I guess it's just me, but I have the opposite problem. I usually have trouble thinking of all the details before I start writing the code and actually run into the relevant issues. Realistically, I usually have only a vague design in my head when I start coding something. My big challenge is getting myself to think of all the details and have a design upfront.

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    Why has this been voted so high, it doesn't really answer the main question "How do you convince yourself to go in and write the freaking code?"? Commented Dec 26, 2010 at 14:03
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    @dan_waterworth: I think because a lot of people can relate to the answer. When I was a junior I also did the same thing, jumping head first into codding with no planning up front. I since then learned (the hard way) that is better to actually sit down and think before going to the typing stage.
    – user7197
    Commented Jan 1, 2011 at 13:39

I can definitely relate to that. I love taking on the challenge of things I haven't encountered, but I have a hard time starting working on anything that I have already solved. The biggest thing I do is just force myself to sit down with a goal of getting X done and functioning. Usually once I get going I end up having fun and get more than done than I set out in the first place, but if I don't force a goal, ill just drft for hours.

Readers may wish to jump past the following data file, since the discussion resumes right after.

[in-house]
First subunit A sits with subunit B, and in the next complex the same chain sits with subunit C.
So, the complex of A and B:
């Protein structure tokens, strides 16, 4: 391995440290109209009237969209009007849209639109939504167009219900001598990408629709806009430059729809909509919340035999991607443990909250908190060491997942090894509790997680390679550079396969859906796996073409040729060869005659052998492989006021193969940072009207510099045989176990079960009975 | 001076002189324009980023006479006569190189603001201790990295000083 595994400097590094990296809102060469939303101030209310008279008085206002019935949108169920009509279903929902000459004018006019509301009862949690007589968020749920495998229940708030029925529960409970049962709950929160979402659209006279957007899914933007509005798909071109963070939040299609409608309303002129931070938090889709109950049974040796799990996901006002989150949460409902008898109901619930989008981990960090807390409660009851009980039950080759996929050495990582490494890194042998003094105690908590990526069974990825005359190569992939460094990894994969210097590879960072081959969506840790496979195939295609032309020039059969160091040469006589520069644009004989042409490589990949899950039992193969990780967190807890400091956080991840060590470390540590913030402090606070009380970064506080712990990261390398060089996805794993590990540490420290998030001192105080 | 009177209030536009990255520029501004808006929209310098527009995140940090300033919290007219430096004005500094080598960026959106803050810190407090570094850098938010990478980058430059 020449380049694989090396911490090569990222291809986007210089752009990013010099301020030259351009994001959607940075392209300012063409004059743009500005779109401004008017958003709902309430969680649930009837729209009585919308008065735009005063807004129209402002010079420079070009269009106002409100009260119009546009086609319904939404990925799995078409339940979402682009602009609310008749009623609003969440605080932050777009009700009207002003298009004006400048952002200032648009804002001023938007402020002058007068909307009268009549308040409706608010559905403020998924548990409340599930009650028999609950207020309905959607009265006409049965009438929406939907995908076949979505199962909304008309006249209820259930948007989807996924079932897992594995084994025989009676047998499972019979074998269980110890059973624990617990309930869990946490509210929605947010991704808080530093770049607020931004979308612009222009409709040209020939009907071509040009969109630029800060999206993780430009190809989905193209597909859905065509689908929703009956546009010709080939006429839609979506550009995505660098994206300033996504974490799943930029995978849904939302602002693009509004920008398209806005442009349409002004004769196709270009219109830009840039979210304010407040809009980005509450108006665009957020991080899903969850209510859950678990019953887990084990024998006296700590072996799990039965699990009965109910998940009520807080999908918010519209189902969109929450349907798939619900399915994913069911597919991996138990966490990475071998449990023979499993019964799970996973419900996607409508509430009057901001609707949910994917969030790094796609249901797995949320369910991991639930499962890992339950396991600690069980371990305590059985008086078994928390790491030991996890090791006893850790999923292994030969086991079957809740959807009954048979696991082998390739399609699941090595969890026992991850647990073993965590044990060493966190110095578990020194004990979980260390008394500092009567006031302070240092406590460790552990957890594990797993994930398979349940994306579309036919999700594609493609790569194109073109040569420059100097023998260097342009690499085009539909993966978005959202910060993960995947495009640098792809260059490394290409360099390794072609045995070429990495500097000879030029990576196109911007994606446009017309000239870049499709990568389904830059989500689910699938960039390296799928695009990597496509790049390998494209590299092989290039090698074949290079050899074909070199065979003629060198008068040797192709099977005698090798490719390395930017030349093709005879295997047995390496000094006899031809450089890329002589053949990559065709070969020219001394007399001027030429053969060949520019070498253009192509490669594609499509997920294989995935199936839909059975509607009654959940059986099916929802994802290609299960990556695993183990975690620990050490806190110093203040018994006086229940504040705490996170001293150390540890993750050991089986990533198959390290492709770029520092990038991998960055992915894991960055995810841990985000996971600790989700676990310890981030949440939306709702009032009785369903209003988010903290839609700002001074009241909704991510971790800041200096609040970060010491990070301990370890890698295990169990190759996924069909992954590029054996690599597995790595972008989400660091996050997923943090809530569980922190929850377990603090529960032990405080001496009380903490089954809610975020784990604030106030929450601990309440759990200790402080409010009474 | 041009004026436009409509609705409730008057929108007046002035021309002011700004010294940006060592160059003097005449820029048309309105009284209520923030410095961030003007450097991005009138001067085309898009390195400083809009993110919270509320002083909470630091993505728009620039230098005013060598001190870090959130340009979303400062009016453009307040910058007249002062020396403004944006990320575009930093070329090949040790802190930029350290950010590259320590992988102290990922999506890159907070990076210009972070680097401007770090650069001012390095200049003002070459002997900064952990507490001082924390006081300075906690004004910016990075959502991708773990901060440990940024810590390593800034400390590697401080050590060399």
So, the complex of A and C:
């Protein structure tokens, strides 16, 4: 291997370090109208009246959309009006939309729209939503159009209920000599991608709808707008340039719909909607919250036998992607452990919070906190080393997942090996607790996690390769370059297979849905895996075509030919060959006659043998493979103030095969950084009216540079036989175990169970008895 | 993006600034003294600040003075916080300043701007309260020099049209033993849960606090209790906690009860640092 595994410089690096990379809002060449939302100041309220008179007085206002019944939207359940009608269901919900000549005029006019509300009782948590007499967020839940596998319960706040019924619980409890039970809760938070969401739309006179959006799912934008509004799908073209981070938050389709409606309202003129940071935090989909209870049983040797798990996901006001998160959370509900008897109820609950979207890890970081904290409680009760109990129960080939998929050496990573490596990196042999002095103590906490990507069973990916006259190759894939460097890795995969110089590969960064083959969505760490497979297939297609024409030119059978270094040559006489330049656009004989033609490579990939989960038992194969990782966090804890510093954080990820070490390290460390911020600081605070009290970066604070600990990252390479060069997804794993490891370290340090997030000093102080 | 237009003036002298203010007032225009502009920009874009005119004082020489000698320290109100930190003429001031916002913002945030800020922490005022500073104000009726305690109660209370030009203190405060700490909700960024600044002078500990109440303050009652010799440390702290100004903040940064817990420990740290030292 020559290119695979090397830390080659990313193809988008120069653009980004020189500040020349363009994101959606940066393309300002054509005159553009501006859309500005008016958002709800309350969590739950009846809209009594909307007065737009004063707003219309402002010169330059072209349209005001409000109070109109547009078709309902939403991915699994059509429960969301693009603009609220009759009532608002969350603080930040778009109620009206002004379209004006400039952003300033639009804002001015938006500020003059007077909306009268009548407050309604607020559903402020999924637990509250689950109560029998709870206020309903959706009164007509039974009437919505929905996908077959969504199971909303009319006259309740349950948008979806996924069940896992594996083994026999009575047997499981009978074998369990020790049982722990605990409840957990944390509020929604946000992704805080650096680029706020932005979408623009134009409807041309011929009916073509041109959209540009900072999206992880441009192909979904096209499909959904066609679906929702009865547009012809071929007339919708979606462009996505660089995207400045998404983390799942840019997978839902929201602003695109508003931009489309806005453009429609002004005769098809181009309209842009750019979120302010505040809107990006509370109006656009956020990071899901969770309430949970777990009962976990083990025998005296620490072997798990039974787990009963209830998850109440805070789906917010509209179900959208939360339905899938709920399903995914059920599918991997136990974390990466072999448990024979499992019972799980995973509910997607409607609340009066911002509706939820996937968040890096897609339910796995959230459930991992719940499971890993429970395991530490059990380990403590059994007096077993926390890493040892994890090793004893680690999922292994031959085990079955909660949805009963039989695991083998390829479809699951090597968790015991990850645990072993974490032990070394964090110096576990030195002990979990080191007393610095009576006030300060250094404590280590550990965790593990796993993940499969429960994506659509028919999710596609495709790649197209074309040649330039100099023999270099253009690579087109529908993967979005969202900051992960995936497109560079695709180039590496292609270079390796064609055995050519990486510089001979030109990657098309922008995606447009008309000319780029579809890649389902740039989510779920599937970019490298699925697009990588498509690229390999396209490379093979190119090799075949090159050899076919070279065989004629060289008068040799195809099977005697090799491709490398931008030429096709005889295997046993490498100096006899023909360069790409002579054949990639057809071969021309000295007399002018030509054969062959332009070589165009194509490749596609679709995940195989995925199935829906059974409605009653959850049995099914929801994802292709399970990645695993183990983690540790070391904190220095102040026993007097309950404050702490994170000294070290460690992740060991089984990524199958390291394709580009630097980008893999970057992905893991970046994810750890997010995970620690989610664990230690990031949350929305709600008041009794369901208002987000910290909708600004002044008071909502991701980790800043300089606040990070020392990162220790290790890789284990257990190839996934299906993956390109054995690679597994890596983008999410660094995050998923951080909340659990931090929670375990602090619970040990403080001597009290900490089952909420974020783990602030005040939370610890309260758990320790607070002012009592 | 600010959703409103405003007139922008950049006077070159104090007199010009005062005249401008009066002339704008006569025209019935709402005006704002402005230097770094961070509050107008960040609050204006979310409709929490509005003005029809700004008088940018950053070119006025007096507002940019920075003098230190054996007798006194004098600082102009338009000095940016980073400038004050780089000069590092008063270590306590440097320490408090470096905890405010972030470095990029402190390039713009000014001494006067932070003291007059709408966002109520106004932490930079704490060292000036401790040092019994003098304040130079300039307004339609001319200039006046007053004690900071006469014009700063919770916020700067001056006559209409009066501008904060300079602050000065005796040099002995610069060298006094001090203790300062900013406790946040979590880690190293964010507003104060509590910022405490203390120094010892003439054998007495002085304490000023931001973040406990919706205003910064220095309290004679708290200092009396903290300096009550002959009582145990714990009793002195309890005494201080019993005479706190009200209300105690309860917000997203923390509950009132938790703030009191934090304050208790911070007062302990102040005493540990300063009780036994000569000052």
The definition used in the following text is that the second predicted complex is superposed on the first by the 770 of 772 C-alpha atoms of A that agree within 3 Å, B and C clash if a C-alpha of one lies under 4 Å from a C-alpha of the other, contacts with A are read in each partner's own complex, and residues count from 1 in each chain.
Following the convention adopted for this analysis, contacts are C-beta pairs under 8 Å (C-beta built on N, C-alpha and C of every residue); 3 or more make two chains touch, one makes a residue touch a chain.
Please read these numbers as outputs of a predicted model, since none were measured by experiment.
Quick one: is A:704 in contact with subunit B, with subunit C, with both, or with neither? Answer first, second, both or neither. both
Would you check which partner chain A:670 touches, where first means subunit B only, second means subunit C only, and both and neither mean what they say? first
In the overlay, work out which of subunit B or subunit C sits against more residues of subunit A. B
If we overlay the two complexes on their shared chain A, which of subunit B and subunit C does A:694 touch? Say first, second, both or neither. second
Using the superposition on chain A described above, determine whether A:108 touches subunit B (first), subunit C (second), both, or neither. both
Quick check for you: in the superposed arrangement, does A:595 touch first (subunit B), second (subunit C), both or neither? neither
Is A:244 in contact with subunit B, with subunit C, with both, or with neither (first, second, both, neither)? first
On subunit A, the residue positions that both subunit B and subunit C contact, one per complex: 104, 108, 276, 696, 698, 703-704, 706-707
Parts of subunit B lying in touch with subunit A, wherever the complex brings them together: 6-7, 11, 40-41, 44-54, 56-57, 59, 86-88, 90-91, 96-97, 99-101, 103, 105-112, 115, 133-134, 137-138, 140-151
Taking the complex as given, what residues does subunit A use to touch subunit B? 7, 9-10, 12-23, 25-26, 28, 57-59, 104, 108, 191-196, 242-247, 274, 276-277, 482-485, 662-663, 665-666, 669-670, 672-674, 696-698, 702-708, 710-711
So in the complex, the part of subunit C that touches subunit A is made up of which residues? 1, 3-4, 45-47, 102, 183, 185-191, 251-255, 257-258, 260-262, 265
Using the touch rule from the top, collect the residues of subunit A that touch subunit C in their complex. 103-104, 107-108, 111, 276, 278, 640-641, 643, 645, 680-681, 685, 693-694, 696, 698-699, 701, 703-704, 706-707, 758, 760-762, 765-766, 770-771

I'm also with you in that this happens more at home on sidework than in the office. I don't know if its more distractions, being burnt from work or what...


I do certainly understand your frustration as I've been through it myself before.

Despite fearing some flames from the community as I know this isn't a great approach, I'll share my approach for side projects with you. Please note that this method works for me and I use it on medium/long term projects, I wouldn't do it for something small (as I usually have the motivation to finish it in one go).

Grab the whole project and break it into 'packages', each one consisting of parts that are going to interact with each other often. Then divide each package into small pieces (think a few hours max) that you can design and code.

Ideally you'd be able to complete each piece in whatever time you allocate for your side project for a day but that's not required (depends on the person).

Personally, I don't set myself up with an estimated timeframe for each piece because I just get dissapointed and demotivated once I fail that estimate, hence, I do not recommend that. Take your time but don't take too long either.

Now each small piece gets all of the stages in your normal development process, designing, testing, implementation and whatever else you need to do. The idea is to give each piece a good kick-start but not a full blown finishing touch, yet.